The Irish Fishermen’s Organisation (IFO) has
called upon the government to "clearly and
unambiguously" spell out Irish policy with
regard to the registration of sea fishing vessels.
The IFO said it was seeking this clarification on foot of "enquiries and expressions of concern" it had received about the legality of the Atlantic Dawn.
The statement said it was "puzzled by the registration status of the vessel, given the existing policy with regard to the registration of sea fishing boats, as set down by the marine department, which states:
‘It is a basic requirement of fishing boat licensing policy, reflecting mandatory EU fleet capacity policy, that a licence may only be granted for the introduction of a boat into the fishing fleet where the applicant will remove capacity (tonnage and engine power) from the Fishing Vessel Register which is at least equal to the capacity of the boat to be introduced.’
The statement added that as the required capacity had not been removed in the case of Atlantic Dawn, "it is difficult to see how the vessel can be legally accommodated as a sea fishing vessel under the Irish flag".
The IFO has questioned the value to Ireland of vessels of this type, stating "rarely do vessels of this type land into Irish ports and offer no value to the State. There is a strong perception that different treatment is given to different people. This situation must be rectified," the statement added.
The IFO has also cautioned against Ireland being labelled as "neo-colonialist and greedy", by supporting a form of fishing activity that is "likely to create the same problems of stock depletion in third countries that already exist in Europe".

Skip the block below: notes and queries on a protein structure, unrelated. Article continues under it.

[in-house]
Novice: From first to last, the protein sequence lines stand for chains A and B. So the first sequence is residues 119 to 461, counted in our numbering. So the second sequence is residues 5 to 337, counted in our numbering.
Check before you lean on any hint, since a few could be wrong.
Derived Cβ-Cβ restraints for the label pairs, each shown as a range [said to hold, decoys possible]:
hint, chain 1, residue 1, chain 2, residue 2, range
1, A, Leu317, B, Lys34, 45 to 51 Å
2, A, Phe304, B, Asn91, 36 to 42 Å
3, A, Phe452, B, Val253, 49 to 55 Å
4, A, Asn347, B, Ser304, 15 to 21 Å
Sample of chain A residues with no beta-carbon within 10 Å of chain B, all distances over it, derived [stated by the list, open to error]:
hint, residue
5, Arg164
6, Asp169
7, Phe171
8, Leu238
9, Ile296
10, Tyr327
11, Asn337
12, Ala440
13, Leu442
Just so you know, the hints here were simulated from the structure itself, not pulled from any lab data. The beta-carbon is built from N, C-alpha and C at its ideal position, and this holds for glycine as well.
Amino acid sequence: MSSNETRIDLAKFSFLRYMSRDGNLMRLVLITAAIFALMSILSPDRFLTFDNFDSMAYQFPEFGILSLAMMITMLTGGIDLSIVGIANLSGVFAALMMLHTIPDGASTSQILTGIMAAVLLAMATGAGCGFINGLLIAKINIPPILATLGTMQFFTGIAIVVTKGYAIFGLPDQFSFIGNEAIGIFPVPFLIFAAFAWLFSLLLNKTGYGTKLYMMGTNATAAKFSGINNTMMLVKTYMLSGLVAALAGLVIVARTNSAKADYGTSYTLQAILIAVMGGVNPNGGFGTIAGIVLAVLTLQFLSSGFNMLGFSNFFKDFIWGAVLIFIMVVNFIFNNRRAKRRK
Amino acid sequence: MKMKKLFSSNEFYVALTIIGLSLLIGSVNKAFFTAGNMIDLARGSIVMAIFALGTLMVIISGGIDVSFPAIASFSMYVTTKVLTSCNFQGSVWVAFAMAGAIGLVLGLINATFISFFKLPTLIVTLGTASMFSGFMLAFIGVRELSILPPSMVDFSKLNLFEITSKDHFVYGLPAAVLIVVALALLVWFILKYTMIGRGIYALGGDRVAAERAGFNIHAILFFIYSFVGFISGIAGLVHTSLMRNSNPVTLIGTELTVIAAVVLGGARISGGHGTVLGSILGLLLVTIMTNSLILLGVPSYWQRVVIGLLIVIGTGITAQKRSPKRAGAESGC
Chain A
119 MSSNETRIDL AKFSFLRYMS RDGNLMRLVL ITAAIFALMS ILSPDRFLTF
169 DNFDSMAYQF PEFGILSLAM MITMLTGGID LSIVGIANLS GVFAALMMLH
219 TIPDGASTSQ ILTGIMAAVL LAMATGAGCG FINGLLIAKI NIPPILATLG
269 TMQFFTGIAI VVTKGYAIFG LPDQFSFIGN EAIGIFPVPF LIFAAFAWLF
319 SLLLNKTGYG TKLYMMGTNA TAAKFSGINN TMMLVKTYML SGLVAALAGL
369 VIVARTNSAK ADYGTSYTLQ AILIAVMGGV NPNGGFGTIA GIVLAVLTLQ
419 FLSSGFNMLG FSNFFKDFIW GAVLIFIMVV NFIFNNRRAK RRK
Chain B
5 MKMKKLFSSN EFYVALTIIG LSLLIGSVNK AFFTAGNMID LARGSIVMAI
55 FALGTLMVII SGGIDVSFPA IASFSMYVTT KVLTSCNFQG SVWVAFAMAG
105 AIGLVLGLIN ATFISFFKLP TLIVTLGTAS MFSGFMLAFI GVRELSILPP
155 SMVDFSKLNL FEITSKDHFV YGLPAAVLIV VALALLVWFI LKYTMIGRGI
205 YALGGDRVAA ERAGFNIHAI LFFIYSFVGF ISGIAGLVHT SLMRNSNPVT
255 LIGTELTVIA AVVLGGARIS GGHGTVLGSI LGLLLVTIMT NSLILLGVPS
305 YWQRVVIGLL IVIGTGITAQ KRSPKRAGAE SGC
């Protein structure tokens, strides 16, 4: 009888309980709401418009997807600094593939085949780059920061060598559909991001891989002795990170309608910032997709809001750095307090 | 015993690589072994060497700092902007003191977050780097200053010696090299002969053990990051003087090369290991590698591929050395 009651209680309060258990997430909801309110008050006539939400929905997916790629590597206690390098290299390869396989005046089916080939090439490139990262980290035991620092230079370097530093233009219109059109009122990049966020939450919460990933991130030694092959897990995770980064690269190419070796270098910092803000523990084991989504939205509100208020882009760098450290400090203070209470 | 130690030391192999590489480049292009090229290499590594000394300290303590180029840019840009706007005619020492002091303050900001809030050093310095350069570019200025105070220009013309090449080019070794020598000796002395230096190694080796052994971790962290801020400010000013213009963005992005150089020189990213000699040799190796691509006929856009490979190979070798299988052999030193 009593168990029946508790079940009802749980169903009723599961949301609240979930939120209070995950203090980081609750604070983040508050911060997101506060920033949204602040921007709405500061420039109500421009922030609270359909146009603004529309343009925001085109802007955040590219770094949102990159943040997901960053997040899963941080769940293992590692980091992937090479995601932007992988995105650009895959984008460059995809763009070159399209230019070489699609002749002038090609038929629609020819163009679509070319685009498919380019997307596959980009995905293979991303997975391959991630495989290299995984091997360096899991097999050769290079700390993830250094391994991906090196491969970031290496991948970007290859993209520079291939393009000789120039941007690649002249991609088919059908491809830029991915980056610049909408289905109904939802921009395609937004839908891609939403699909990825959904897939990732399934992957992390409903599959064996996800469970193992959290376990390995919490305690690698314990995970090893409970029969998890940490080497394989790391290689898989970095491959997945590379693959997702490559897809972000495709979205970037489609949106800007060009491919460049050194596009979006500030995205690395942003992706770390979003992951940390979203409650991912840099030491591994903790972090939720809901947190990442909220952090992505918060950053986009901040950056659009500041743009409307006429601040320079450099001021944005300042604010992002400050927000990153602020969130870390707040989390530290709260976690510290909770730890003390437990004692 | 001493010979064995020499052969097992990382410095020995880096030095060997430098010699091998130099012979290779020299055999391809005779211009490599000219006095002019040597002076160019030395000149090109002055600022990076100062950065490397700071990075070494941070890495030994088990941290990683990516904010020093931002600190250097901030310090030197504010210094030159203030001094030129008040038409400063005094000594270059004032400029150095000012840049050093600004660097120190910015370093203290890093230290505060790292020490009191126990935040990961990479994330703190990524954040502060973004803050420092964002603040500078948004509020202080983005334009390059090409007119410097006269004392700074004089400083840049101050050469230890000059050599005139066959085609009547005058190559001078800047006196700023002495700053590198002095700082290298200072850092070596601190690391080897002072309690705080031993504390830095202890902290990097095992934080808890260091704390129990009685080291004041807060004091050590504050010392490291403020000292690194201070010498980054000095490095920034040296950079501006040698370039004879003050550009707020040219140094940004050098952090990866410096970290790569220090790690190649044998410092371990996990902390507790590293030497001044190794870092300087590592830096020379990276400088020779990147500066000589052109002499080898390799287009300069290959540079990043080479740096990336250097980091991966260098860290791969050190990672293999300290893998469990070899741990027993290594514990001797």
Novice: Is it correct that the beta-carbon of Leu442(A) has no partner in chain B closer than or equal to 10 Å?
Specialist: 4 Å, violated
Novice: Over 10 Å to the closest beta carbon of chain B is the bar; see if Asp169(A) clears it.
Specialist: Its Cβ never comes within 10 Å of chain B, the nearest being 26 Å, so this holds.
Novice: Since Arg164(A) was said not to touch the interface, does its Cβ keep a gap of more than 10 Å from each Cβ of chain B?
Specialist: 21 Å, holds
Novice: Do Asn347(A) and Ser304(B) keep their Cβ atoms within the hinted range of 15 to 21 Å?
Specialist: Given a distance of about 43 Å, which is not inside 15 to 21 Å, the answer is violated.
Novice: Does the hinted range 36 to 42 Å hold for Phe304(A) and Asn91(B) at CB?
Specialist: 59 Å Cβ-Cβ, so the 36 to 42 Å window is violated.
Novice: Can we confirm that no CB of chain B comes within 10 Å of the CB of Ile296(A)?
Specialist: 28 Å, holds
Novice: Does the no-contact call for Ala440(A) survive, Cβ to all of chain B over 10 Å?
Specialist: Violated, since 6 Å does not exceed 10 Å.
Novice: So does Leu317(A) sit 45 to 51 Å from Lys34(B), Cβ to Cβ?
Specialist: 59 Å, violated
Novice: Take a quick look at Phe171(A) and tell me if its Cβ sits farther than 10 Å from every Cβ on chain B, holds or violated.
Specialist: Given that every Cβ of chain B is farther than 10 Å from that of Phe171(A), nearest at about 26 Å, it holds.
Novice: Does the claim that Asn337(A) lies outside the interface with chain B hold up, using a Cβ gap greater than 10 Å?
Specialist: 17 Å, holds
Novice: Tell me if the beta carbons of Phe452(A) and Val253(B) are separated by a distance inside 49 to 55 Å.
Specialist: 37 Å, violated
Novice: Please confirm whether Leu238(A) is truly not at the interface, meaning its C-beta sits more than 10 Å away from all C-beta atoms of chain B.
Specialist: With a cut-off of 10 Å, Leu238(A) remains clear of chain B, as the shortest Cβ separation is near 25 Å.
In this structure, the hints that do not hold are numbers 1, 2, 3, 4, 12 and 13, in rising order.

Speaking to the The Irish Skipper, a spokesman for the marine department said that Atlantic Dawn was neither registered on the Irish register of fishing boats, nor on the EU fishing fleet register.
"The vessel is legally registered on the general register of the Irish Shipping 1995 Mercantile Marine Act." Mr Bass added that as Atlantic Dawn was fishing exclusively outside EU waters, "policy considerations [as set out in the IFO statement] do not arise".
"Requirement to remove capacity from the Fishing Boat Register in connection with licensing of vessels is operated to ensure Ireland’s compliance with the binding fleet capacity objectives as specified in the EU’s 4th Multi-annual Guidance Programme," he explained.
Atlantic Dawn is currently operating under a short-term sea fishing boat licence, which precludes her from fishing inside EU waters. The vessel is fishing in Mauritanian waters, identified by the Scientific, Technical, Economic and Fisheries Committee of DG Fisheries. A majority of the crew is Irish, and economic benefits to Ireland include crew wages, shares, and equipment supplies from Irish companies.
On behalf of the Killybegs Fishermen’s Organisation (KFO), Sean O’Donoghue said it saw "no reason" why Atlantic Dawn could not be accommodated under the international segment of the MAGP. " If this was done, then there would be no problem in EU waters." He added that the KFO did not agree with the IFO on this matter. "It does appear strange that the IFO’s concern does not extend to Dutch vessels undertaking the same operations," he said.
Disappointing uptake of new tuna licences
Despite the allocation of 32 new licences this year in the tuna fishery – primarily for pair-pelagic trawling, trolling and longlining – The Irish Skipper has learned that from 40 applications as few as 10 were deemed suitable, and that many fishermen did not avail of the opportunity.